Thursday, January 30, 2014

Mucho MattMobile Progresso

Before I start this blog post, I must give a shout out and heads-up to a fellow Batmobile builder, Tim. Tim is building the BatBerry, and has been elegantly blogging the heck out of his build. If watching someone document both creativity and tenacity, then Tim's blog is for you.

I mention Tim's blog here for a few reasons, but the main reason is one of motivation. As followers of my blog will know, I've been depending heavily on my pal Bo (AKA Bo The Welder, AKA BTW) for not only engineering guidance, but also for welding. Hence his name. Bo has tons of experience with cars and with welding. I am entirely confident that the build would not have gotten as far as it has without his help and insight. I fear that over time, I've grown TOO dependent on Bo, which is an easy thing to do when dealing with a guy as skilled as Bo. The punchline here is that I have been scared to move ahead on my own, for fear that I will do it wrong. Therefore, I wait for Bo to have free time to help me.

However, After reading Tim's blog recently, and reviewing some of his earlier posts, I realized that he seemed to have done the opposite of me: he just plowed ahead with little or no fear of making mistakes. I have no idea of Tim's background, but he seemed just as new to Batmobile building as I am. Seeing him speak about how his welding skills have improved dramatically over time AND seeing his amazing progress on his build, I found myself wanting to jump in head first, let myself make mistakes, and then learn how to recover from them.

With that said, I've taken the instruction that Bo has given me with the welding torch, and just started practicing like crazy. I spent a few hours just welding together bits and pieces of scrap metal that were around the shop, and decided I would take a stab at building some of the mounts for the shell. The first two went together really well, though not terribly quickly. I was inspired by how good the welds looked, and how strong they appeared to be. My only regret is not realizing sooner that I needed to learn how to weld for myself, and not depend on anyone else :D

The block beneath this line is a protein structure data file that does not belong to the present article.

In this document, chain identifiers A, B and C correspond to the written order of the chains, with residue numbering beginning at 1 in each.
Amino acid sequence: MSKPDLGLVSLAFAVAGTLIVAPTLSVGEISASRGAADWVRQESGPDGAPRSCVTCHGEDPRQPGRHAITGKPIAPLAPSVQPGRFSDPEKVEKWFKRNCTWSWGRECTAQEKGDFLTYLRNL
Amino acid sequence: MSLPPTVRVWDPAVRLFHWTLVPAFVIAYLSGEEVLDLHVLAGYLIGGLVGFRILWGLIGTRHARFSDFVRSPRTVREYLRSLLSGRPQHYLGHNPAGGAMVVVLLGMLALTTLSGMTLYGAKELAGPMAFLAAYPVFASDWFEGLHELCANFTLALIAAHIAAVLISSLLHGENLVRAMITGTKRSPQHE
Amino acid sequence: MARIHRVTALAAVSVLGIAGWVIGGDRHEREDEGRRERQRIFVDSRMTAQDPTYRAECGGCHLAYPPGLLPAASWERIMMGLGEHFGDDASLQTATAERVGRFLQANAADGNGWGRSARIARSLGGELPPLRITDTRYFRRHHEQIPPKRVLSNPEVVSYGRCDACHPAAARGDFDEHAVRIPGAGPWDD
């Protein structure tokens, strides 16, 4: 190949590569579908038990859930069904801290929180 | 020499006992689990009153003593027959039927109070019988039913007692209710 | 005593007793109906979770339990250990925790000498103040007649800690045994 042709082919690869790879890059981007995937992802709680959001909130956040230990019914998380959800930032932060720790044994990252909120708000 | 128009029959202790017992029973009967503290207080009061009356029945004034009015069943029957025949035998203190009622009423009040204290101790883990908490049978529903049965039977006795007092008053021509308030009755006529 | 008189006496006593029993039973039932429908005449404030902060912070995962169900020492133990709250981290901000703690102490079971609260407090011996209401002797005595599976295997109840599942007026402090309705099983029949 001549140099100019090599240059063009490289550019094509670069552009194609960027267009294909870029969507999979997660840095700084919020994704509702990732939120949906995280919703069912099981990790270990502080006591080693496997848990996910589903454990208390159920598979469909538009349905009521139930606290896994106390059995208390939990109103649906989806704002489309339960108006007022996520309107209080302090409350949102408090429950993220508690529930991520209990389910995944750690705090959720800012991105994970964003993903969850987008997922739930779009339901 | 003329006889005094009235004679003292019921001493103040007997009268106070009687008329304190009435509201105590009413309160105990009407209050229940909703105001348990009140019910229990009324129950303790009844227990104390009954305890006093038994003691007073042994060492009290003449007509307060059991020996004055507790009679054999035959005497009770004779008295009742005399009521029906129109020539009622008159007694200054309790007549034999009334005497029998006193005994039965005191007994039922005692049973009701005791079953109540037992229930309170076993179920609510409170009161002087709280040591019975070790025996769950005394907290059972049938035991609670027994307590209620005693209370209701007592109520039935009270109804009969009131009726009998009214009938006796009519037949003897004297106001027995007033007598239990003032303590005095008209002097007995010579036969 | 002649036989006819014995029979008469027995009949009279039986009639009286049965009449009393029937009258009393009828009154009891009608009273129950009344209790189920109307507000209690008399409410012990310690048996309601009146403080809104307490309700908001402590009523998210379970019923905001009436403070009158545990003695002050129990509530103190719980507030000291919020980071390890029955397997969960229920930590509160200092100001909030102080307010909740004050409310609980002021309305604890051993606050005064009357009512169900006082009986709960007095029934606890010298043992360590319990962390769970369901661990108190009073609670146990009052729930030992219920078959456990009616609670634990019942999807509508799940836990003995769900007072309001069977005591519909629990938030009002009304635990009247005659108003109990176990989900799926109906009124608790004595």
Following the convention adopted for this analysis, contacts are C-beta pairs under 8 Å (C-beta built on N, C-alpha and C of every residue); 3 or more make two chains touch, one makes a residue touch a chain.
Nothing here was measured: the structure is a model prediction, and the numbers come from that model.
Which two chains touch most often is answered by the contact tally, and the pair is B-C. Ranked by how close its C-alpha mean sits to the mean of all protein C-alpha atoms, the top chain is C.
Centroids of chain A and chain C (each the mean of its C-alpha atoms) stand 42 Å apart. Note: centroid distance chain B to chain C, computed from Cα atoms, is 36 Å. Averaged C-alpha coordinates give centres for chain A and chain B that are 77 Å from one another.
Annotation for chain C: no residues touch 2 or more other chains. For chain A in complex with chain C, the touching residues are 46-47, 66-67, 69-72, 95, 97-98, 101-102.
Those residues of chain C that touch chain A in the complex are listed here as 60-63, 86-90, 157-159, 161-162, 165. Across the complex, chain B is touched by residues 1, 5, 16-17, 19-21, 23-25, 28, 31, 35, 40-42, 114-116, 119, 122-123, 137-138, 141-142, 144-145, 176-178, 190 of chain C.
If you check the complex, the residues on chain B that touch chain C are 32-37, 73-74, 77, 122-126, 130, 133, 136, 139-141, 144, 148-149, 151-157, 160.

The first order of business yesterday was to lock the shell into its proper position. Honestly, I don't know why I didn't think of this weeks and weeks ago. I have spent probably 20 or 30 hours grand total running around the car with a ruler and a t-square, trying to get the shell positioned perfectly. And every time I get it into place, I knock it out the next day when getting into the car. It finally dawned on me to use some wood and clamps to lock the shell onto the frame. Again, not sure why I didn't think of this sooner. Here you can see the rear end of the car, and the type of contraption I came up with to keep the shell from shifting while I work on it.

This is some of the work I did yesterday, but didn't have an opportunity to add to my blog. I wanted to build supports for the front most anchor points, and the rear most. The two wooden boxes under the rear end got welded straight to the rear end of the chassis. I'm probably going to add some cross members for extra support here, but you get the general idea.

The following picture re-caps the work I did yesterday, and some work I did today. Yesterday I finished the front two mounting posts, and I took this picture today after I finished the second set.